Counterterrorism Expert Richard Clarke On Trump's Relations With Intelligence Agencies Rachel Martin speaks to former counterterrorism official Richard Clarke about Michael Flynn's resignation and the many developments related to the intelligence community this week.

Counterterrorism Expert Richard Clarke On Trump's Relations With Intelligence Agencies

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It has been four days since national security adviser Michael Flynn was forced to resign. That is four days when the president has been without the person on his staff who oversees the U.S. response to national security threats.


Now, granted, there's a fill-in. But if you consider the White House's own account here, the president lost trust in Michael Flynn as national security adviser on January 26, which is when he found out that Flynn had misled the vice president, which means the president has effectively been without a trusted national security adviser for almost a month.

MARTIN: President Trump blames Flynn's departure on intelligence leaks, which is deepening the divide between the White House and the intelligence agencies that he's supposed to rely on.

Here's the president in his press conference yesterday.


PRESIDENT DONALD TRUMP: The people that gave out the information to the press should be ashamed of themselves, really ashamed.

MARTIN: To talk more about this, we're joined by Richard Clarke. He led counterterrorism efforts for presidents George W. Bush and Bill Clinton. Mr. Clarke, thanks so much for being with us.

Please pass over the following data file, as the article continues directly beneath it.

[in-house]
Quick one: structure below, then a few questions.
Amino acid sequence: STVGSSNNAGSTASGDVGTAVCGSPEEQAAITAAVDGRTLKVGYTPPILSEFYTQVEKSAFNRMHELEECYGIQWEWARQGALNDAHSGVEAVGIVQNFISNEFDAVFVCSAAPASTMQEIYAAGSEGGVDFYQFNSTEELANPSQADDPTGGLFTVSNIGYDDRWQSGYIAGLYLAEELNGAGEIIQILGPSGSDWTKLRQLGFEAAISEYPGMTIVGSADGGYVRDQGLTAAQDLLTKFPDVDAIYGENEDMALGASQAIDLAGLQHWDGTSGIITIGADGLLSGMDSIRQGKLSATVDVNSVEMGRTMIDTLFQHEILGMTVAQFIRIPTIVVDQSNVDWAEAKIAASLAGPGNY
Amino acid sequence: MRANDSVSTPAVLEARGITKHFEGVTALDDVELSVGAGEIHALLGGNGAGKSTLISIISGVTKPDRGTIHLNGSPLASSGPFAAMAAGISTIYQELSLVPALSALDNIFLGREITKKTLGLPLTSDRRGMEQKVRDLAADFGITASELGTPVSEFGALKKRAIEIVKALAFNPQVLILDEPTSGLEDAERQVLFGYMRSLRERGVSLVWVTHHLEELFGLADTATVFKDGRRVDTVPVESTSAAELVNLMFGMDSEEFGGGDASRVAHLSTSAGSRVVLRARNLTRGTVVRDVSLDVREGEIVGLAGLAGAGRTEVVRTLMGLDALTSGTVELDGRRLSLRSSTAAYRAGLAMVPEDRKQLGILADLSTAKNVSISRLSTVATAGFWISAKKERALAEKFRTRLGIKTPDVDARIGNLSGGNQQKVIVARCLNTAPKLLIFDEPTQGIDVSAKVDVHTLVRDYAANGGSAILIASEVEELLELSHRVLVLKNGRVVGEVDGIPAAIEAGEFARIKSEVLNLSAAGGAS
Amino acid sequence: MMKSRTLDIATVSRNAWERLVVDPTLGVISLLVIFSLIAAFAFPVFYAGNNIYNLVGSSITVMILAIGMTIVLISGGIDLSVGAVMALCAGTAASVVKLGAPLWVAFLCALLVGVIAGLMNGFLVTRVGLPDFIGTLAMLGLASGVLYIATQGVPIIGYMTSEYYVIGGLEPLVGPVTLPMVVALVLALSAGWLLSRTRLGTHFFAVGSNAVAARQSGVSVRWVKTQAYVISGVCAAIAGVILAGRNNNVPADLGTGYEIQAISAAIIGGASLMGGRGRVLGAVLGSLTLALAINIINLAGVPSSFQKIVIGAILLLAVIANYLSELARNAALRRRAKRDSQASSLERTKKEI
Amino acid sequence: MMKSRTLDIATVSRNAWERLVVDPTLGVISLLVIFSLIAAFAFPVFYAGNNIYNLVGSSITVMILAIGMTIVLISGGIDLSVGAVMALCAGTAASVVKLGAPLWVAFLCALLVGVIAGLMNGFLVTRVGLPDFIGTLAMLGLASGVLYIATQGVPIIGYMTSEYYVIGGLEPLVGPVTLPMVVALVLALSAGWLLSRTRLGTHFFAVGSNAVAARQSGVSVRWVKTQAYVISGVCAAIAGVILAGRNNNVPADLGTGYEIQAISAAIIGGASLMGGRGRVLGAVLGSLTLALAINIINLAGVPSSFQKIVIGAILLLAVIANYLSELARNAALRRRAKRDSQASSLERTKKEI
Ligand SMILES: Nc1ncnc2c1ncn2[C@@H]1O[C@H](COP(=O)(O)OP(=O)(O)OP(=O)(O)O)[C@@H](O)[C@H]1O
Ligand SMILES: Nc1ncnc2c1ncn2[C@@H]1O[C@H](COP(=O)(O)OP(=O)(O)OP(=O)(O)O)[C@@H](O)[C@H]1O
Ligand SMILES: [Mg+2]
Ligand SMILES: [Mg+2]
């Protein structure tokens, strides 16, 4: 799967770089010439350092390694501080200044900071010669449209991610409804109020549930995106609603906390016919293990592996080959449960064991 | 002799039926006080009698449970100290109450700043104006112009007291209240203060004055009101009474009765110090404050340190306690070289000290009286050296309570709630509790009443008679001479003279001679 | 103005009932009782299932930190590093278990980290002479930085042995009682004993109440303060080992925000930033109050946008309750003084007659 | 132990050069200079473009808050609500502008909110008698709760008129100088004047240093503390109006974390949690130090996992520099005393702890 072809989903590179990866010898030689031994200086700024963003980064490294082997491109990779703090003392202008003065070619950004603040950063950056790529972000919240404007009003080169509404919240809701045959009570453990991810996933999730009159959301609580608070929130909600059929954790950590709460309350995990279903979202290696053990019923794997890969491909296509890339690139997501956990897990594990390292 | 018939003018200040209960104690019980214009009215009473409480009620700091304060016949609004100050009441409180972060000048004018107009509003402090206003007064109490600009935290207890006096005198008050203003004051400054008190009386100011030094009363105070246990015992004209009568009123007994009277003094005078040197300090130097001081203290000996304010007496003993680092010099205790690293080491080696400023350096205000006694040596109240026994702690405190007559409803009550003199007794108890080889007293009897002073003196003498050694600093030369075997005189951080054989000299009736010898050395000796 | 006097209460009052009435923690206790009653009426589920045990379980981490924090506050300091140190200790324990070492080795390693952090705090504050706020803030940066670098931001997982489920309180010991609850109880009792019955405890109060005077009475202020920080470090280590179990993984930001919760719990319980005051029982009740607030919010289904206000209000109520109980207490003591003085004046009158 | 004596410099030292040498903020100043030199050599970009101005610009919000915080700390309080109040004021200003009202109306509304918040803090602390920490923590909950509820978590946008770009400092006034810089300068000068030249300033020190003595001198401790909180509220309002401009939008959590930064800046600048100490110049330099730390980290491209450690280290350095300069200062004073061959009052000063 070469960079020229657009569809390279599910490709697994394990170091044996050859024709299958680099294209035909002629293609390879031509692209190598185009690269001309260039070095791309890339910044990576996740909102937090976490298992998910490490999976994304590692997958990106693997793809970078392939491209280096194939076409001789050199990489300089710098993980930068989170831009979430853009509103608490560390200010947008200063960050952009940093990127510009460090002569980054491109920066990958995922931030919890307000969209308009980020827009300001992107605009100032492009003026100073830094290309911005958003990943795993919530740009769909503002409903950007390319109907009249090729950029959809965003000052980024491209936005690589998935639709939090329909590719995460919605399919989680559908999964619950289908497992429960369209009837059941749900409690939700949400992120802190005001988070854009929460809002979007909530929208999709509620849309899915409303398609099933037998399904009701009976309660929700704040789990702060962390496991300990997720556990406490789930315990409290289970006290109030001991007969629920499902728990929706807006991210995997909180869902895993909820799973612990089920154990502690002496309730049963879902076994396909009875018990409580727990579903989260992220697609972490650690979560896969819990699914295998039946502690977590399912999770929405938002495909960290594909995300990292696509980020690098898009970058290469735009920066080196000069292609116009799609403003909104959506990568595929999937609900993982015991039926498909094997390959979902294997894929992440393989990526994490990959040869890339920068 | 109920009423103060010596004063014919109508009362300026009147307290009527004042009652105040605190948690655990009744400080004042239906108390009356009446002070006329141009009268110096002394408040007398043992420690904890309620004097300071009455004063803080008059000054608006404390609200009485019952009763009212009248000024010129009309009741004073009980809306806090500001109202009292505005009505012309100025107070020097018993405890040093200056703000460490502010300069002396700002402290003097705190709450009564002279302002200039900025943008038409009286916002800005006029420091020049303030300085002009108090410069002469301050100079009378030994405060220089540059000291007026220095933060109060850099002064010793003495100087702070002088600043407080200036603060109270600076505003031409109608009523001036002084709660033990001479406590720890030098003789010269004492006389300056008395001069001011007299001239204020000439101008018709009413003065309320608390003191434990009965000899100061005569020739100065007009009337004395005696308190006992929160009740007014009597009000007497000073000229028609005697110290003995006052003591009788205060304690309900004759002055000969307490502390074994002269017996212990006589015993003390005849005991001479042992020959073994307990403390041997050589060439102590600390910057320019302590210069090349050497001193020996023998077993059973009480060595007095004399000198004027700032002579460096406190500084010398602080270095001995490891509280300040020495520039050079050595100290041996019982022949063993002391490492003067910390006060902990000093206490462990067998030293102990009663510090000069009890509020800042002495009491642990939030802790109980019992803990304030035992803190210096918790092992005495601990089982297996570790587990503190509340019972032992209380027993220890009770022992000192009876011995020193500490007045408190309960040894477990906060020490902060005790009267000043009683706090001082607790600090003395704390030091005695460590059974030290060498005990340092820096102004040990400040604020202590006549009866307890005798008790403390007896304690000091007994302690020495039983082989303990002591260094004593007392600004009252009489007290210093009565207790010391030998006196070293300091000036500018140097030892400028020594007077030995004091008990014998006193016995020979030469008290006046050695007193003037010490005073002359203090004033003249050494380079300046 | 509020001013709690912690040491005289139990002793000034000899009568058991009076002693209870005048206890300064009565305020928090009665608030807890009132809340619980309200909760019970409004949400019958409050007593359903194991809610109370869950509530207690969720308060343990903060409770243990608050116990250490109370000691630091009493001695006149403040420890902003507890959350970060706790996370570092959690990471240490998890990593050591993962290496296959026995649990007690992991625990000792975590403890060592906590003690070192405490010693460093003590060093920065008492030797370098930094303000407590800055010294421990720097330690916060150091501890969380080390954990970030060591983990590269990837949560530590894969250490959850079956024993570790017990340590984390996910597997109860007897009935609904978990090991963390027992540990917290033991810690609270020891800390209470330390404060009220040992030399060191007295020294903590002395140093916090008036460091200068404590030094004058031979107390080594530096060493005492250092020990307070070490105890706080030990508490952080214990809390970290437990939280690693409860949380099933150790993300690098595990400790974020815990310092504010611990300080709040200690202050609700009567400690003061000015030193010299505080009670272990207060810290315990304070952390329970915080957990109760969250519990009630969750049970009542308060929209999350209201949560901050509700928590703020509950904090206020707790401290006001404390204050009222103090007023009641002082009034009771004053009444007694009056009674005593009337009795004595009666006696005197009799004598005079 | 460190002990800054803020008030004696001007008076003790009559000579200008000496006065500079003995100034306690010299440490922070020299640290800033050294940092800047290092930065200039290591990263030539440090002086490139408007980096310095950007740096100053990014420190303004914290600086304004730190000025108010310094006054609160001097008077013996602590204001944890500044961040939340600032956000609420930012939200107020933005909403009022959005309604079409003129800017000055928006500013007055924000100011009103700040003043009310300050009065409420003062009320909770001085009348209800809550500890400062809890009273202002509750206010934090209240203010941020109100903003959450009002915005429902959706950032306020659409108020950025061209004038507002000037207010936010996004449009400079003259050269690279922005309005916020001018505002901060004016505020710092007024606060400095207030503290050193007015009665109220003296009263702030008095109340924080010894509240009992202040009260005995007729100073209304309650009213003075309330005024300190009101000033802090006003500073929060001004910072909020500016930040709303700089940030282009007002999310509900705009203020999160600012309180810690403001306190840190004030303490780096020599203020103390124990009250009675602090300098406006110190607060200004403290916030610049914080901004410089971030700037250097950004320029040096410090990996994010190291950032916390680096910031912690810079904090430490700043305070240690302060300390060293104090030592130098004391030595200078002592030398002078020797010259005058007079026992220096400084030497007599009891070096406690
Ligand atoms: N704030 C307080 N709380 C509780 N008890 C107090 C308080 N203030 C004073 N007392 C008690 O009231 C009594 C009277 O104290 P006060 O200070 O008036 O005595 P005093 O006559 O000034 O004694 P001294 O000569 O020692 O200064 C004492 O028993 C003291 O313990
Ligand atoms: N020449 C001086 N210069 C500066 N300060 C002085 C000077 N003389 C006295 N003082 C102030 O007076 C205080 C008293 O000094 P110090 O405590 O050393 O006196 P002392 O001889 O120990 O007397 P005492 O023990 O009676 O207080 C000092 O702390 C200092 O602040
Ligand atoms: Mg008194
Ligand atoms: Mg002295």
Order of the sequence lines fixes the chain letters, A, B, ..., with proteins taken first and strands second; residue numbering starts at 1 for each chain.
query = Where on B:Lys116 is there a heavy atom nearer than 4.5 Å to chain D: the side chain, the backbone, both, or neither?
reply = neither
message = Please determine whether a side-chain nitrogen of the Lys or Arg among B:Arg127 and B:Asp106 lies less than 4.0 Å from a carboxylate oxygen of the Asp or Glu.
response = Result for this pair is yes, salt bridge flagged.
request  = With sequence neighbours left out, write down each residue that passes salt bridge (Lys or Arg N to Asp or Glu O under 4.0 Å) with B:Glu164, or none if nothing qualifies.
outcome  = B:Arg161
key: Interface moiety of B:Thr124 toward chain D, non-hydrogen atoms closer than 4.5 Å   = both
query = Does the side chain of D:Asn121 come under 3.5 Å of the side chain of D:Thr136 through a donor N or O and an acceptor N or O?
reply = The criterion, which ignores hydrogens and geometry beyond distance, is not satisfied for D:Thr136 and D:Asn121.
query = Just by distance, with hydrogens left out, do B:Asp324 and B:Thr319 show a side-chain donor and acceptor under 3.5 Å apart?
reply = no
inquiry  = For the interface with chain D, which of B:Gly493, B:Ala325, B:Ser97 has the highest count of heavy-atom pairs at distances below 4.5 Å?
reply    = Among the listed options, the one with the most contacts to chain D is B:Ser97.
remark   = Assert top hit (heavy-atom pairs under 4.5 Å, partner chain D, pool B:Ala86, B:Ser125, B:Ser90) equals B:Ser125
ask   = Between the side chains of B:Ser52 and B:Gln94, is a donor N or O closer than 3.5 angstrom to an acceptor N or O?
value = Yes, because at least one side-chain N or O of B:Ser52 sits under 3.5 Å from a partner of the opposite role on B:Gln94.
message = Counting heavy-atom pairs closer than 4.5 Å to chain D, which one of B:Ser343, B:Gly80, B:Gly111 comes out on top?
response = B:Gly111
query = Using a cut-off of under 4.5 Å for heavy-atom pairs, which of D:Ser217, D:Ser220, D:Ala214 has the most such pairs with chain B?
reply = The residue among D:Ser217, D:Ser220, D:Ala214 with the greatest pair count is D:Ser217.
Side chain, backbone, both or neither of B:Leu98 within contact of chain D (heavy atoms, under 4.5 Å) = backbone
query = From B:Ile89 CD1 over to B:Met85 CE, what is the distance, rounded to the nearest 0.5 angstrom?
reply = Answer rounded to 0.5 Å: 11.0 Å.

RICHARD CLARKE: Oh, thank you.

MARTIN: President Trump is again attacking the intelligence community, this time for leaking the information that forced him to fire Mike Flynn. What's your sense as to how this is playing inside the CIA and other agencies? Are they dismissing the president's ire, or is it doing real damage?

CLARKE: Well, I think the national security agencies across the board - State Department, CIA, Defense Department - the career staff there are appalled. They've never seen this level of disorganization. They're not sure who to trust in the White House or whether they can trust anyone there at all.

MARTIN: Does the White House's account of Mike Flynn's dismissal make sense to you?

CLARKE: The whole thing doesn't make a great deal of sense. I mean, here we have Mike Flynn, the former director of Defense Intelligence, who should have known that every conversation the Russian Embassy makes on public telephones gets tape-recorded, and yet he has many conversations with the Russian ambassador and then lies to the press and to the vice president about what was said on those conversations - thinking perhaps that they weren't recorded, thinking perhaps that someone wouldn't see the difference between what he said in public and what he said in private. It's very hard to believe.

MARTIN: The president insists that Flynn wasn't dismissed because of the content of his conversations with the Russian ambassador. It was that he breached this trust with the vice president. But if he was just doing his job, why did he have to mislead the vice president in the first place?

CLARKE: Well, there's a prior question, which is - was he acting on instructions when he talked to the Russian ambassador? Or did he just do it on his own? He's not the kind of guy, from what I know, that would do something like that on his own. He's usually used to operating in the bureaucracy where he takes orders. So I think the real question here that has to be asked to Flynn at some point is - did the president order you to do this?